Sunday, June 04, 2006

On the code (2)

Due to the universally tepid review — IMDB gives it only 6.5 for example — we have decided to wait for the DVD release of The Da Vinci Code. That means that the original plan of following up the review of the book with one of the movie is now on hold indefinitely.

Then I thought I would compare the way devout Christians reacted to the movie/book that says their religion is a lie with the way devout Muslims react to any less-than-glorifying portrait of their prophet. For example, no one seems to be burning the effigy of Tom Hanks, and no one has put a bounty on Dan Brown. This point can be stressed with a lot more polemics. But when all is said and done, what is new in saying that there are many, many illiberal forces in the Muslim world? But I think it is still an important observation to make — there are many, many illiberal forces in the Muslim world.

But then this got me thinking. What do these illiberal forces have to say about this book? After all, claiming that Jesus lived a family life and grew old contradicts Islam. Here is what The Quran says (4:157-8):
And because of their saying (in boast), ‘We killed Messiah Jesus, son of Mary, the Messenger of Allah, but they killed him not, nor crucified him, but the resemblance of Jesus was put over another man (and they killed that man), and those who differ therein are full of doubts. They have no (certain) knowledge, they follow nothing but conjecture. For surely; they killed him not.

But Allah raised him up (with his body and soul) unto Himself (and he is in the heavens). And Allah is omnipotent, omniscient.

Clearly Dan Brown and Tom Hanks and Ron Howard have committed grave blasphemies. So where is the fire and brimstone Jihadi reaction? Anyway, I googled ‘Muslim protest Da Vinci Code’. It seems that there were protests in that deep heartland of Muslim world — Azerbaijan. Hmmm, perhaps this is a sign that the illiberal tendencies in the Muslim world are waning. Maybe, but I don’t think a heterodox book on Muhammad is going to find many publishers.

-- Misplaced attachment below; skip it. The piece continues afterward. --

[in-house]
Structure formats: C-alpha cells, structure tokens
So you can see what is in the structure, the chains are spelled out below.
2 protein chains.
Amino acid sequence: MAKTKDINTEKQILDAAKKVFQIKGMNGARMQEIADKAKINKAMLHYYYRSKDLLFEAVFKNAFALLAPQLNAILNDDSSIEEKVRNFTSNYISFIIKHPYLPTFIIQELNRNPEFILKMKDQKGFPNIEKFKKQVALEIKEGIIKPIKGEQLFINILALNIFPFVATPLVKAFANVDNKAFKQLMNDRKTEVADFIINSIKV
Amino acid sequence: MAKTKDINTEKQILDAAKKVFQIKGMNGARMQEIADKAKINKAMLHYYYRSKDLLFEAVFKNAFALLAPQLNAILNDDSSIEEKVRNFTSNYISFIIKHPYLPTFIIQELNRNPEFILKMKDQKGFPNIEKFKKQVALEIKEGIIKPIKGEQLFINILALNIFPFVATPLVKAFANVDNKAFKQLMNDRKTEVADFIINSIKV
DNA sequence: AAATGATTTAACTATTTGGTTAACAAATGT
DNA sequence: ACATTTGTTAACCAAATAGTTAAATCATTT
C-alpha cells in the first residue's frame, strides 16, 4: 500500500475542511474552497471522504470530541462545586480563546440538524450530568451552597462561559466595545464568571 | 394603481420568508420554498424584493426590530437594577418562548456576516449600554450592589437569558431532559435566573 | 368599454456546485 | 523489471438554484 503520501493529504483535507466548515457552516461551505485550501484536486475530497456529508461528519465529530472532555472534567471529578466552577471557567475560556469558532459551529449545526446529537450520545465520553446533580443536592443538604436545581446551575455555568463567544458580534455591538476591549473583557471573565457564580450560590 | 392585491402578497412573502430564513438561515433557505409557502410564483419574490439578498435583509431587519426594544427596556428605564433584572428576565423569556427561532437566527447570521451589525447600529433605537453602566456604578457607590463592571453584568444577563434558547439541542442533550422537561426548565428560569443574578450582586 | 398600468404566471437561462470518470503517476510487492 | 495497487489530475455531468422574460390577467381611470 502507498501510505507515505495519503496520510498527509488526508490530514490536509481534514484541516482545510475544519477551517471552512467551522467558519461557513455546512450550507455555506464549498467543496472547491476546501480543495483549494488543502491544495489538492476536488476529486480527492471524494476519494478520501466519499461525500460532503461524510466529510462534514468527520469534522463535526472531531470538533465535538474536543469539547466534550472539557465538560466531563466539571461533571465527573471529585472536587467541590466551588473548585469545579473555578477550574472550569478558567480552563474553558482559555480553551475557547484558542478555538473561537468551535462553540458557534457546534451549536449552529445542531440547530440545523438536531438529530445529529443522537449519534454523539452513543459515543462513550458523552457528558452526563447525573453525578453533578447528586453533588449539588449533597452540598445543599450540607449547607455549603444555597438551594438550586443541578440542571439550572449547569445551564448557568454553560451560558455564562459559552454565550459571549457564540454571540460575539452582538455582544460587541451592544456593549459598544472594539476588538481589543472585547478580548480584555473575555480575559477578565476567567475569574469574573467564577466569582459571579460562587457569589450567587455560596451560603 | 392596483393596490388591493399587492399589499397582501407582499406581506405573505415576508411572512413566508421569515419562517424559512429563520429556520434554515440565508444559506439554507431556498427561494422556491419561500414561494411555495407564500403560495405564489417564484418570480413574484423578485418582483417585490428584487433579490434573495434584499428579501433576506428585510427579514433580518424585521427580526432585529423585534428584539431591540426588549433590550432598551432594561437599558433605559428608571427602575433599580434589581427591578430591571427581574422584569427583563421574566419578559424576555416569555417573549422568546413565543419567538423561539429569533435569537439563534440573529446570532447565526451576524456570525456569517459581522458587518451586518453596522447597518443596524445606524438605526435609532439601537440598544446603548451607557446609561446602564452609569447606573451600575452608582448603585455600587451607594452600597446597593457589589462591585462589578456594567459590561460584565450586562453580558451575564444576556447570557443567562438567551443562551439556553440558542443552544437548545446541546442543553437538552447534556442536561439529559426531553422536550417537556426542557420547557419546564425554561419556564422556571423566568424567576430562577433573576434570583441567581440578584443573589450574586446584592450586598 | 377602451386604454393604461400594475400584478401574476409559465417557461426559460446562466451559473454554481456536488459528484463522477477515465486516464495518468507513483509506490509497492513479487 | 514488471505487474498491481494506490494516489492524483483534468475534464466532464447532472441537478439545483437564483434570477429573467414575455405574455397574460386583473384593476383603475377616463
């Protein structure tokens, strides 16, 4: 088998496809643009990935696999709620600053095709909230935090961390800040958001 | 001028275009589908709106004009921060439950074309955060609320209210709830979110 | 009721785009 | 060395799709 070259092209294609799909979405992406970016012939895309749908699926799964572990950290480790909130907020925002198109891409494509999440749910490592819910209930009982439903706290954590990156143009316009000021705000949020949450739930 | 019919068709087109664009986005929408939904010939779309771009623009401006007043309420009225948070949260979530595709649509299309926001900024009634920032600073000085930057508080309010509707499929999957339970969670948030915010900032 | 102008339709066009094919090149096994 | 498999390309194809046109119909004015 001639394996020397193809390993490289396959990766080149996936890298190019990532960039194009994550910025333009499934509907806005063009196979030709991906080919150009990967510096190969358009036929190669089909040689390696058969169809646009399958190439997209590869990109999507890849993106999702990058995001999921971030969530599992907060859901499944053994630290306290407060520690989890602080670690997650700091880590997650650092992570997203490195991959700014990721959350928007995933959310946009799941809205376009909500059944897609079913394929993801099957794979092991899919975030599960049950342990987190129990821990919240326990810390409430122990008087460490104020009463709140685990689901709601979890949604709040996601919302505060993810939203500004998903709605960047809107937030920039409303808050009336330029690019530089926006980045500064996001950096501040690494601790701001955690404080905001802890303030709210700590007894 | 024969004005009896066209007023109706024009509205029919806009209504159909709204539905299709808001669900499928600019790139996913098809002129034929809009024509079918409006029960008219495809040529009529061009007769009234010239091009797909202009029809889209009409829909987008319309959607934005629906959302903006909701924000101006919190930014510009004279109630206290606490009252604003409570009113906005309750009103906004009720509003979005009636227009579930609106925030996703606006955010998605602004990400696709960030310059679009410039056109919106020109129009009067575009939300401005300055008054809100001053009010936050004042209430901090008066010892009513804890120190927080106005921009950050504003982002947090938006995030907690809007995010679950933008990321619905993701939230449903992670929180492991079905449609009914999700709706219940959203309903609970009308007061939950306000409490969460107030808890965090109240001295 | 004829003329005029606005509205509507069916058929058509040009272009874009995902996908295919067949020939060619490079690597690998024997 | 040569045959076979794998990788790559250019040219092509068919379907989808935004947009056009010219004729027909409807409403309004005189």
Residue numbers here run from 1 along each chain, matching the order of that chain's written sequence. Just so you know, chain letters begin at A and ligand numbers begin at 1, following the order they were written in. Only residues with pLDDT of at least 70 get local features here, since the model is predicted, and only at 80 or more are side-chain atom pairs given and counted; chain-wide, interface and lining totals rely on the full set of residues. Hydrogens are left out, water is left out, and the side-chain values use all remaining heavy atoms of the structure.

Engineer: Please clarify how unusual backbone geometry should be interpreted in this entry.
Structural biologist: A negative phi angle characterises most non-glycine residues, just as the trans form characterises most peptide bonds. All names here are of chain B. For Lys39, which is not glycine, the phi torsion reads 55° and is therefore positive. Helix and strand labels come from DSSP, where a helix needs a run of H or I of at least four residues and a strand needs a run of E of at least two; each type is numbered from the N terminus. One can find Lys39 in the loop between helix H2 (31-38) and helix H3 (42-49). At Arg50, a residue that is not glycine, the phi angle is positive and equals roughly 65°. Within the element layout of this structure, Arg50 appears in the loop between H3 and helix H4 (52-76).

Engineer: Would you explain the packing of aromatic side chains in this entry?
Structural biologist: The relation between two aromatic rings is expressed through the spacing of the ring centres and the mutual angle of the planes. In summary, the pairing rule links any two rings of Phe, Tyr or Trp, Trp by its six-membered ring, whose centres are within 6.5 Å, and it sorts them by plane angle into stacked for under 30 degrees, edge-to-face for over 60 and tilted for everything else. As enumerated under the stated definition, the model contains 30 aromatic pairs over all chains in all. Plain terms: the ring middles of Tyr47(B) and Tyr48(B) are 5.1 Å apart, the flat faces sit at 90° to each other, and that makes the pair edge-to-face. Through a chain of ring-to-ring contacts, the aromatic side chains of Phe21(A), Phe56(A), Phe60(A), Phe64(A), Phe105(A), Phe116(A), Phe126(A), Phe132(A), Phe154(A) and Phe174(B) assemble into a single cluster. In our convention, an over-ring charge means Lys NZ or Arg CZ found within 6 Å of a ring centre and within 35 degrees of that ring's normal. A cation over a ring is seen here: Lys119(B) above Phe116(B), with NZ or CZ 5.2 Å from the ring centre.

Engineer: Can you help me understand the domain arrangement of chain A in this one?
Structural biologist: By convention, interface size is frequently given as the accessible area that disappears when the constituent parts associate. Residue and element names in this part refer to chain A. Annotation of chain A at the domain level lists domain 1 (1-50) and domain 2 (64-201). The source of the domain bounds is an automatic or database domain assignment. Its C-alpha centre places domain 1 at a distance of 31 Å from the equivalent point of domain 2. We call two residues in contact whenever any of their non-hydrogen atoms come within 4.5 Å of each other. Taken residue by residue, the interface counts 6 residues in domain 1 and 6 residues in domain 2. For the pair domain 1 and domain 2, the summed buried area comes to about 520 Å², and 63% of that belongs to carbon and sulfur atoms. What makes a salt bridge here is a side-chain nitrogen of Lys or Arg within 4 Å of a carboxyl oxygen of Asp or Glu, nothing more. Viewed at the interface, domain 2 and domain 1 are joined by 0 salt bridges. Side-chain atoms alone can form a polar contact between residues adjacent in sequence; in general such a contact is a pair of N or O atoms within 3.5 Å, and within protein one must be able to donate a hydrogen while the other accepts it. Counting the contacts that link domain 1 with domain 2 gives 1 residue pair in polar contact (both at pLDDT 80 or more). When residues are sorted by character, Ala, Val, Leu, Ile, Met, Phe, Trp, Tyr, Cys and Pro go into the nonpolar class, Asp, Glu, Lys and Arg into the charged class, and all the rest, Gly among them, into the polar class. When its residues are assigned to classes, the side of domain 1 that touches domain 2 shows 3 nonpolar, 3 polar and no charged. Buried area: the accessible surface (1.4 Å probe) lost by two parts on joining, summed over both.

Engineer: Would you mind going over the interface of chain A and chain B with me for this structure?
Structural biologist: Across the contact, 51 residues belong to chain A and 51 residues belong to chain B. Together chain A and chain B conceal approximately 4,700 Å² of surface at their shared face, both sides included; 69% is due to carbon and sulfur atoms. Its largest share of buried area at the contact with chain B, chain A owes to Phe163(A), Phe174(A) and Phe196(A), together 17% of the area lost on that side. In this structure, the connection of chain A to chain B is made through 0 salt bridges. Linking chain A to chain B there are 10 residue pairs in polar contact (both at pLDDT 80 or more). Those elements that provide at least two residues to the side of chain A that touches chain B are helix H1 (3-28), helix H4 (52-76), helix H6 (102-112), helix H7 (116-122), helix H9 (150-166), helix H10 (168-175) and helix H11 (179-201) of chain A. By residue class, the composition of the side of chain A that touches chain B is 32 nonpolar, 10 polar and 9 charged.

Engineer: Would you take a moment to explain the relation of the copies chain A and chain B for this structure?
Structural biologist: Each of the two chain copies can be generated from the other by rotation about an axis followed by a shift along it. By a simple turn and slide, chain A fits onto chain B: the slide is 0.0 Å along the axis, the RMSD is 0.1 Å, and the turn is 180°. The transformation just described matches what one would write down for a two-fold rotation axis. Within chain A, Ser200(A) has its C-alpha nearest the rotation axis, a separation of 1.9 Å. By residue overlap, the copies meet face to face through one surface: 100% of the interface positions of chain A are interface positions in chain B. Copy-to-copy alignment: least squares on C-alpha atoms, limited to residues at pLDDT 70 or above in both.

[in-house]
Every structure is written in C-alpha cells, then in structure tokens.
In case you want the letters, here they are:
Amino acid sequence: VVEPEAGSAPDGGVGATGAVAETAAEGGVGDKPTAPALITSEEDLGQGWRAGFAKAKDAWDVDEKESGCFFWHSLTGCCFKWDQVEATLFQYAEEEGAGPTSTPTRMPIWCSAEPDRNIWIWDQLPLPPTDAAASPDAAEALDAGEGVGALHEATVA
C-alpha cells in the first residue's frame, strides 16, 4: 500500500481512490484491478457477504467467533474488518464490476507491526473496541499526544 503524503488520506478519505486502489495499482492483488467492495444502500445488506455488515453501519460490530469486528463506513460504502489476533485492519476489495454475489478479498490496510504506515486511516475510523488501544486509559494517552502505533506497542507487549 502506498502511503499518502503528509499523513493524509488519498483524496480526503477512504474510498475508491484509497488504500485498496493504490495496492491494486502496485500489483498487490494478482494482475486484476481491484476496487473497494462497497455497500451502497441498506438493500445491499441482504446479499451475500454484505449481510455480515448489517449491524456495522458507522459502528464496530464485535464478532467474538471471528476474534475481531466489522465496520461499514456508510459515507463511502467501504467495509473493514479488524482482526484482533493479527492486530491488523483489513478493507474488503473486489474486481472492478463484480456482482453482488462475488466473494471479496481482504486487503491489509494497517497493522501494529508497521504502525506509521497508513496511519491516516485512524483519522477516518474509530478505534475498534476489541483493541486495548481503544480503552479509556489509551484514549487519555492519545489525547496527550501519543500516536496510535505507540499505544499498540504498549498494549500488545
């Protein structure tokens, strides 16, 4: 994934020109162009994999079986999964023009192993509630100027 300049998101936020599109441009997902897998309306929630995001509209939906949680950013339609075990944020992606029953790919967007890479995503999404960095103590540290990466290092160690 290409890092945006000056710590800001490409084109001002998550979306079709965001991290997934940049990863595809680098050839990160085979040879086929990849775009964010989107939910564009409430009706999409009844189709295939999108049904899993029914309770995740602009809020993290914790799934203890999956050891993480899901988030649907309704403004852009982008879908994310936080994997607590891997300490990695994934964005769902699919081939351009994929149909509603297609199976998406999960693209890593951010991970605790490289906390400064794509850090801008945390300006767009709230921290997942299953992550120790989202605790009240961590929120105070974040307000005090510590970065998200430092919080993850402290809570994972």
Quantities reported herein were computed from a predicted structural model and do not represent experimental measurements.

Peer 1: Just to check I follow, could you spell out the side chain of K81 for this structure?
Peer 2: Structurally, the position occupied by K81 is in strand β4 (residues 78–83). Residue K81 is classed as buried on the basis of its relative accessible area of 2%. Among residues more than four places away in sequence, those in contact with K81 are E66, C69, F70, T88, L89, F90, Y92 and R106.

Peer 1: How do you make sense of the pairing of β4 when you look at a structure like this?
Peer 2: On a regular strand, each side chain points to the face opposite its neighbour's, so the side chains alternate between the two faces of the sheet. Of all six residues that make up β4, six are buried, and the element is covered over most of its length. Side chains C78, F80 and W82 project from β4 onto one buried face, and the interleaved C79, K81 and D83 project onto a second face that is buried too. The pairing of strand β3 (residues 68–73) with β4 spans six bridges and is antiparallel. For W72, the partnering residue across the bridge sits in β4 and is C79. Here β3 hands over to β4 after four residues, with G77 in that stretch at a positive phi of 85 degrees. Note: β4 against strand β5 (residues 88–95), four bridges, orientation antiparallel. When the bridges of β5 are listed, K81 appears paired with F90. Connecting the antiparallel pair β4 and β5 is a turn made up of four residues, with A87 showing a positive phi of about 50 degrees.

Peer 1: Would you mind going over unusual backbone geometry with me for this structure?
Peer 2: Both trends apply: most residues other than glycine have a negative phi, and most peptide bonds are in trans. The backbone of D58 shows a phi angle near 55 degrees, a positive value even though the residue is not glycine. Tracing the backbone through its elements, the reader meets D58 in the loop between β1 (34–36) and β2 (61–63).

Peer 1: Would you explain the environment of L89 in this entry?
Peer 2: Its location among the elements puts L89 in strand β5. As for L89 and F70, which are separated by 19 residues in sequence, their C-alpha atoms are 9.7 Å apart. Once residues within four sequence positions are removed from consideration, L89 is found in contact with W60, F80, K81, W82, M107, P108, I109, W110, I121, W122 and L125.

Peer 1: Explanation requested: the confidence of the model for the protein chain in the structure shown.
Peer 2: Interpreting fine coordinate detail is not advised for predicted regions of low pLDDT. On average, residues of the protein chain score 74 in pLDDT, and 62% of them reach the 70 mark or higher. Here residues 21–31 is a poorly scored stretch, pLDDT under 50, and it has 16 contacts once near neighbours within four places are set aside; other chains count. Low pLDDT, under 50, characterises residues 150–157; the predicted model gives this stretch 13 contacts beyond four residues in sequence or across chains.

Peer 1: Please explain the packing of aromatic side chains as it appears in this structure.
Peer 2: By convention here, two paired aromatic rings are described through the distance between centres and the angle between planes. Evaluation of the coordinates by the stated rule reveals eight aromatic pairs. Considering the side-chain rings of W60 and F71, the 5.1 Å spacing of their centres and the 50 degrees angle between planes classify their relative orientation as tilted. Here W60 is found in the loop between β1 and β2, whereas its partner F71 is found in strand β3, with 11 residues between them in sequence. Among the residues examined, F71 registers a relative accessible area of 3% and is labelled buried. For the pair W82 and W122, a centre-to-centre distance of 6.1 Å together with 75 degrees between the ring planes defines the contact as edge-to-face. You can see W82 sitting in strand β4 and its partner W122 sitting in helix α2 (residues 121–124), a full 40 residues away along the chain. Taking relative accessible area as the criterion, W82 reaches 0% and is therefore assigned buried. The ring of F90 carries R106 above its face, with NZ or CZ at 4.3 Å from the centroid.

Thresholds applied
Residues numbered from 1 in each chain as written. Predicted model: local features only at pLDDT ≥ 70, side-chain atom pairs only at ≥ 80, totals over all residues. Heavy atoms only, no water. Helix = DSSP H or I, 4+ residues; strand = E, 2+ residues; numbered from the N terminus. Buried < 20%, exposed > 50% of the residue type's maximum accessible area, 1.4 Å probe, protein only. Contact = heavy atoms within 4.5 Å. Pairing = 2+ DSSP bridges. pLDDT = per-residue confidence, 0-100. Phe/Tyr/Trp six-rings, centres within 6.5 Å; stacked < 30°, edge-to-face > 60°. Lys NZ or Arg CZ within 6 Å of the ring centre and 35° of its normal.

Oh, there were lot of protests in Desh. In Pakistan, the Islam-pasand parties marched on the streets. And in India, Muslims joined Christians against the movie. Maybe Desi Muslims are more religious than their non-Desi co-religionists. Or maybe this was just another manifestation of Amar-Akbar-Anthony style Desi fraternity.

And speaking of Desi fraternity, the Indian Minister of Information — an aside, do any other liberal democracy have this Orwellian official? — took it upon himself to see whether Indian Christians needed to be protected from this heresy, and I understand the movie is banned in half a dozen Indian states (details here and here). So it seems that the great secular tradition that begun with the banning of The Satanic Verses (India was the first country to do so) continues. Long live the Secular Democratic Republic of India.